Girls with ADHD
Understanding Ad/Hd in Girls:
Why Girls with ADHD and ADD go undiagnosed
Much has been documented about boys with Attention Deficit Disorder, (ADD), and Hyperactivity Disorder, (HD), however, as a parent or educator would you be able to recognize a female student with this same diagnosis? It would be easy to miss because the symptoms do not exhibit itself in the same way that it does with boys.
With the media focus primarily on the impulsivity of male students, girls are often left behind when it comes to recognition of special needs and programs. Why? Because most teachers are familiar with external characteristics, such as unruly behavior, and the less obvious characteristics, like daydreaming or being ‘scatterbrained’, that may be exhibited by female students. Unfortunately, undiagnosed AD/HD can lead to consequences for the female student that can affect her far into her future.
In her research with girls with AD/HD, Anita Gurian, PhD, clinical assistant professor of Child and Adolescent Psychiatry at the NYU School of Medicine, believes that girls are often around 12 before they are diagnosed, while their male counterparts are typically a much younger age. Because of the overt characteristics that a boy displays in his behavior, it is more readily observed compared to the subtle, less obtrusive signs a girl shows.
Understanding girls with AD/HD
Common Characteristics of Attention Deficit Disorder in Females
Here is a list of some of the common characteristics that girls may display:
Poor grades despite a high IQ and / or creativity
Inability to organize
Poor social skills
Appearing messy or showing a chronically messy workspace
Difficulty falling or staying asleep
School avoidance or phobia
Withdrawal within the classroom
Inability to follow through or complete projects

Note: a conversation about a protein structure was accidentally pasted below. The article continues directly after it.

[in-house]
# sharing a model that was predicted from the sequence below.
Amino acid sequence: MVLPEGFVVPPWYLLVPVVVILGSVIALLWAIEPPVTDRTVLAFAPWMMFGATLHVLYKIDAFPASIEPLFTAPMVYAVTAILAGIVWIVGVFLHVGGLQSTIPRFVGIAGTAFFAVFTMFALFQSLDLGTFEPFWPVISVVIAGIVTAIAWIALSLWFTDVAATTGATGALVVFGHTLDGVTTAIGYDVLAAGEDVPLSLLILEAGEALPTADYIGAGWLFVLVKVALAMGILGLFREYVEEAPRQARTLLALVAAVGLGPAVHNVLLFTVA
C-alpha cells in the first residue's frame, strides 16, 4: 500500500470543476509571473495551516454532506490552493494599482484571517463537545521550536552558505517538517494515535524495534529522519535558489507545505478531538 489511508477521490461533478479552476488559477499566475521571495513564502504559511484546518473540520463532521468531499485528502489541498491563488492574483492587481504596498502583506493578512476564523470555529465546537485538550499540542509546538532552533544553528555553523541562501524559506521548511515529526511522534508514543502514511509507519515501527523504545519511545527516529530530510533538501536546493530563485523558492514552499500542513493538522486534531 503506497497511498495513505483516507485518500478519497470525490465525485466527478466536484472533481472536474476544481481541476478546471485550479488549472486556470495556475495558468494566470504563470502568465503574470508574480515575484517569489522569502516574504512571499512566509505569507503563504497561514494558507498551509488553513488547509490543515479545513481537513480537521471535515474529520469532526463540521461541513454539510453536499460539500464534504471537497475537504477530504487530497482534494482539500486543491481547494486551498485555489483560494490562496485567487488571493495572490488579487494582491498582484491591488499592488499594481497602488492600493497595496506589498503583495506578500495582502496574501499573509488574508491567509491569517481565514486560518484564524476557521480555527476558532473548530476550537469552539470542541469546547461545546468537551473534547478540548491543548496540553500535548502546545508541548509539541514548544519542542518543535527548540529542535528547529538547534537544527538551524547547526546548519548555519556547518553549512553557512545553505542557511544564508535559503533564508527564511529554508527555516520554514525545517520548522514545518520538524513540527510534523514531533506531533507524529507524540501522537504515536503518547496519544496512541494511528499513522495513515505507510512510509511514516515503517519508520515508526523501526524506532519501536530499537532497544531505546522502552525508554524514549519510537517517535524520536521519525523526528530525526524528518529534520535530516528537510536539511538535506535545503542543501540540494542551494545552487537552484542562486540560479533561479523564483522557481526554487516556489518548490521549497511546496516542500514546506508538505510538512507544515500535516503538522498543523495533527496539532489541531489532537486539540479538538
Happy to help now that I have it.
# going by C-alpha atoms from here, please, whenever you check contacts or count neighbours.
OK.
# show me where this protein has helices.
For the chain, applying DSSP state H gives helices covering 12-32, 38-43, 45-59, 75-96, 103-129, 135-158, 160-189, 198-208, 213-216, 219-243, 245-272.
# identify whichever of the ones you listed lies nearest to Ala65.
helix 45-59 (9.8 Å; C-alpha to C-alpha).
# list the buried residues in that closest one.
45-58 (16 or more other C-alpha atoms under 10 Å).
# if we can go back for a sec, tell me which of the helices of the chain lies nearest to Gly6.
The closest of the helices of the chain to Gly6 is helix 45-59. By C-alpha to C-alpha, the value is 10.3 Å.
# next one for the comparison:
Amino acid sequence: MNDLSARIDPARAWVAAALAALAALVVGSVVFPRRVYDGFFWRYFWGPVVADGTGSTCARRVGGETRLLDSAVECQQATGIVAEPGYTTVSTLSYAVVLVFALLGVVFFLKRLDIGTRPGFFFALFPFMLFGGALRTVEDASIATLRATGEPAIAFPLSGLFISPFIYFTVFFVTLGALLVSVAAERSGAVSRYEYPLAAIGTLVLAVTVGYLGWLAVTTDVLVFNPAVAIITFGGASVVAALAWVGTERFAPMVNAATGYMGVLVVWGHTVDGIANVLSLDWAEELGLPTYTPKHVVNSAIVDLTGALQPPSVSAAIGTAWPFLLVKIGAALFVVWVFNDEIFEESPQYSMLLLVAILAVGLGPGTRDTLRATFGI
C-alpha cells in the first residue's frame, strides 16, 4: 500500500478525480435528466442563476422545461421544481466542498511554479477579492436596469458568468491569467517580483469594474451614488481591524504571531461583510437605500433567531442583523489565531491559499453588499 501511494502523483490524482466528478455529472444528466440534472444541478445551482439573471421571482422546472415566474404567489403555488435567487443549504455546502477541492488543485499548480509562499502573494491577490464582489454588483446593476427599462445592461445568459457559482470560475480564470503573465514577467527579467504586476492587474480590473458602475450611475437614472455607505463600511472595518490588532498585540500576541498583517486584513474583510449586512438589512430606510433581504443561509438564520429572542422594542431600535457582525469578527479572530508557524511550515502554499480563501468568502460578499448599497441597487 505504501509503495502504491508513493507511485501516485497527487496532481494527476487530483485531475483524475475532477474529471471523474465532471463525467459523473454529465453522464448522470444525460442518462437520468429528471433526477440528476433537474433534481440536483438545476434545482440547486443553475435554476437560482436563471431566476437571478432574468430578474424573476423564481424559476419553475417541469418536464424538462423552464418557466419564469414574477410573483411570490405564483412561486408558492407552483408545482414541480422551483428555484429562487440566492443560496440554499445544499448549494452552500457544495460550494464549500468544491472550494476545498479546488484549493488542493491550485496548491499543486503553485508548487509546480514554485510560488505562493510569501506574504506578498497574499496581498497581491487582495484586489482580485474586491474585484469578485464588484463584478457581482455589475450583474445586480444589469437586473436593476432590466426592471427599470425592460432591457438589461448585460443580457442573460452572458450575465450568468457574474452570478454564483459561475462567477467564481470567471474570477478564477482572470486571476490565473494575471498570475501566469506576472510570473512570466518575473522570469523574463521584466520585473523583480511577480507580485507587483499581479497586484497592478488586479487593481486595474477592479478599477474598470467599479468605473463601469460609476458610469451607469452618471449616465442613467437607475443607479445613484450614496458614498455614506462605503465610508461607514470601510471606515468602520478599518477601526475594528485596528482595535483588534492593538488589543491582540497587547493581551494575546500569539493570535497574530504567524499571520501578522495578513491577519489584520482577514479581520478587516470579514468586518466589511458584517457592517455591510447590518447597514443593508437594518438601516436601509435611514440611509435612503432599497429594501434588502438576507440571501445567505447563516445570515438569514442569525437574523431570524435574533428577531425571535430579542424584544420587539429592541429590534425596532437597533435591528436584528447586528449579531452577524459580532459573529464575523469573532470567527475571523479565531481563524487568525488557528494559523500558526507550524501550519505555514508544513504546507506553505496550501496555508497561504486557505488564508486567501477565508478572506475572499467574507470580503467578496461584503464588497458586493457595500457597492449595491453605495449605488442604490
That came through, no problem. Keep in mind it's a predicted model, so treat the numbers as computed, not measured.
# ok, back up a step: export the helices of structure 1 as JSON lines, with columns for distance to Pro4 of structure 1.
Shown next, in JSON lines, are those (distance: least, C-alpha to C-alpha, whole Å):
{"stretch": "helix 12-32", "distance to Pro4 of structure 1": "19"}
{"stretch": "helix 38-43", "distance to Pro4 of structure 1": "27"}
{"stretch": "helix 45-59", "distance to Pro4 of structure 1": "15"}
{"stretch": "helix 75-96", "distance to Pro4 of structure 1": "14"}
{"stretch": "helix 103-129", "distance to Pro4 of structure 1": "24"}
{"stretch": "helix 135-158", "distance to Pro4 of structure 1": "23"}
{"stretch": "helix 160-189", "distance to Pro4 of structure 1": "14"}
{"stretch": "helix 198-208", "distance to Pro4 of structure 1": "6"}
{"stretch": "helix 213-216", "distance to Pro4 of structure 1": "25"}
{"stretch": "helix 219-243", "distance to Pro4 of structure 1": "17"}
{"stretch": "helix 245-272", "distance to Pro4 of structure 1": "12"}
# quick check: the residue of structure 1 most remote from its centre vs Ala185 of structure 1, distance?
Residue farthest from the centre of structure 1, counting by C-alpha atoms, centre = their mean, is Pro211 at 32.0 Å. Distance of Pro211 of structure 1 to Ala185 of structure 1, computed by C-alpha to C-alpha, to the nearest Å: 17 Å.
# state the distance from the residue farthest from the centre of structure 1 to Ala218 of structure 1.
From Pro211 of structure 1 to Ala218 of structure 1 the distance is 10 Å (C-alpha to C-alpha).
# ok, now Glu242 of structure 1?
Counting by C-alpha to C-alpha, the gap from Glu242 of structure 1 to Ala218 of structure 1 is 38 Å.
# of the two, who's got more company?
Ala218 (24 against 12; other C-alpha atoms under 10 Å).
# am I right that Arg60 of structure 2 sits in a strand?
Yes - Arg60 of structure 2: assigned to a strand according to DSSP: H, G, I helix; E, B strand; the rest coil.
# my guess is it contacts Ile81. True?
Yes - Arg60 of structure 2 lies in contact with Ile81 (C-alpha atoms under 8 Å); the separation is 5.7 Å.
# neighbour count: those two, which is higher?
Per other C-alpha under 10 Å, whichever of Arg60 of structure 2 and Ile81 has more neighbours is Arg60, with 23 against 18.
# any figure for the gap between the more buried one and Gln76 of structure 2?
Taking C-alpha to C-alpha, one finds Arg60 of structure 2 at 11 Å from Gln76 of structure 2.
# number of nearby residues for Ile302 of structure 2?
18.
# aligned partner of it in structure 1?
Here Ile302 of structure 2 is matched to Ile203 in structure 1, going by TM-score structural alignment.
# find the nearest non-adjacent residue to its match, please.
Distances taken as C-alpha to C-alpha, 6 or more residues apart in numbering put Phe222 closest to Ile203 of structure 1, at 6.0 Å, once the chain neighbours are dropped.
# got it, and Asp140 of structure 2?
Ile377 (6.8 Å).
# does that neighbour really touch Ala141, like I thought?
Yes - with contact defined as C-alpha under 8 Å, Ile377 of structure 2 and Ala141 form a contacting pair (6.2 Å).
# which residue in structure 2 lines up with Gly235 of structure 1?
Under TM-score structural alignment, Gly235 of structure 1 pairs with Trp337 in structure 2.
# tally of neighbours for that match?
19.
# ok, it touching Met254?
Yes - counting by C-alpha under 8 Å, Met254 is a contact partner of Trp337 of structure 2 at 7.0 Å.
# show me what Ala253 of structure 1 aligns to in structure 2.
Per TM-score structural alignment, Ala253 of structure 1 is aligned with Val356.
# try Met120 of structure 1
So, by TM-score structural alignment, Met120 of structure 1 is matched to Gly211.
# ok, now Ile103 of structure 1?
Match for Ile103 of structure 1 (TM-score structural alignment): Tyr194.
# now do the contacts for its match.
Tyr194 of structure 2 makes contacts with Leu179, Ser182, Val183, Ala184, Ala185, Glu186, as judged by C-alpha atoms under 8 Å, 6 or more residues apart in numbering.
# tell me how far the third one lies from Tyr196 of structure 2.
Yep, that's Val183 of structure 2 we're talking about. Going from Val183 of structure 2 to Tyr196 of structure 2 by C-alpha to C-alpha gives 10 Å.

Incomplete, or missing assignments
Feeling like they don’t fit in.
Undiagnosed ADD or ADHD can result in poor self esteem
Problems Surrounding ADD/ADHD in Girls
Girls who have an undiagnosed AD/HD suffer from social stigmas more than their male classmates do. While a boy who is disruptive within the classroom can be annoying, culturally we expect boys, especially at the elementary age, to exhibit bursts of impulsive energy, noise and rambunctiousness.
Not so, however, when a female student interrupts with excessive chatter, intrusiveness from maintaining poor boundaries, or is plagued with periods of unexplained and uncontrolled physical outbursts. Besides being misunderstood by their teacher, these girls are often shunned by their peers.
The stigma of being different can result in various issues: Feeling like she does not fit in like other girls; experiencing loneliness, depression and anxiety resulting in school avoidance or phobias; engaging in risky behavior such as smoking, drinking, illicit drugs or promiscuity to ‘prove’ her popularity.
ADD and ADHD in the Classroom
Impulsiveness is just one manifestation of the disorder of AD/HD. The other side is the attention deficit. This shows itself as difficulty concentrating on school work; excessive day dreaming; inability to follow through with completing projects; indecisiveness; easy distraction; organizational problems; forgetfulness; incomplete assignments; and frustration or anxiety in attempts to meet expectations of parents and teachers.
In our competitive society comparison to other classmates is an unfortunate byproduct. Girls who recognize that they are having difficulty with tasks that their peers are achieving experience negative self-judgment and criticism. If not addressed during the developmental growth period these girls may struggle with this for their entire lives never reaching their potential.
Additionally, parents, particularly mothers, may find it difficult to accept that their daughter is different from other girls, adding rejection from one who could act as an advocate.
Books about Attention Deficit Disorder
Getting professional help for your daughter with possible Attention Deficit Disorder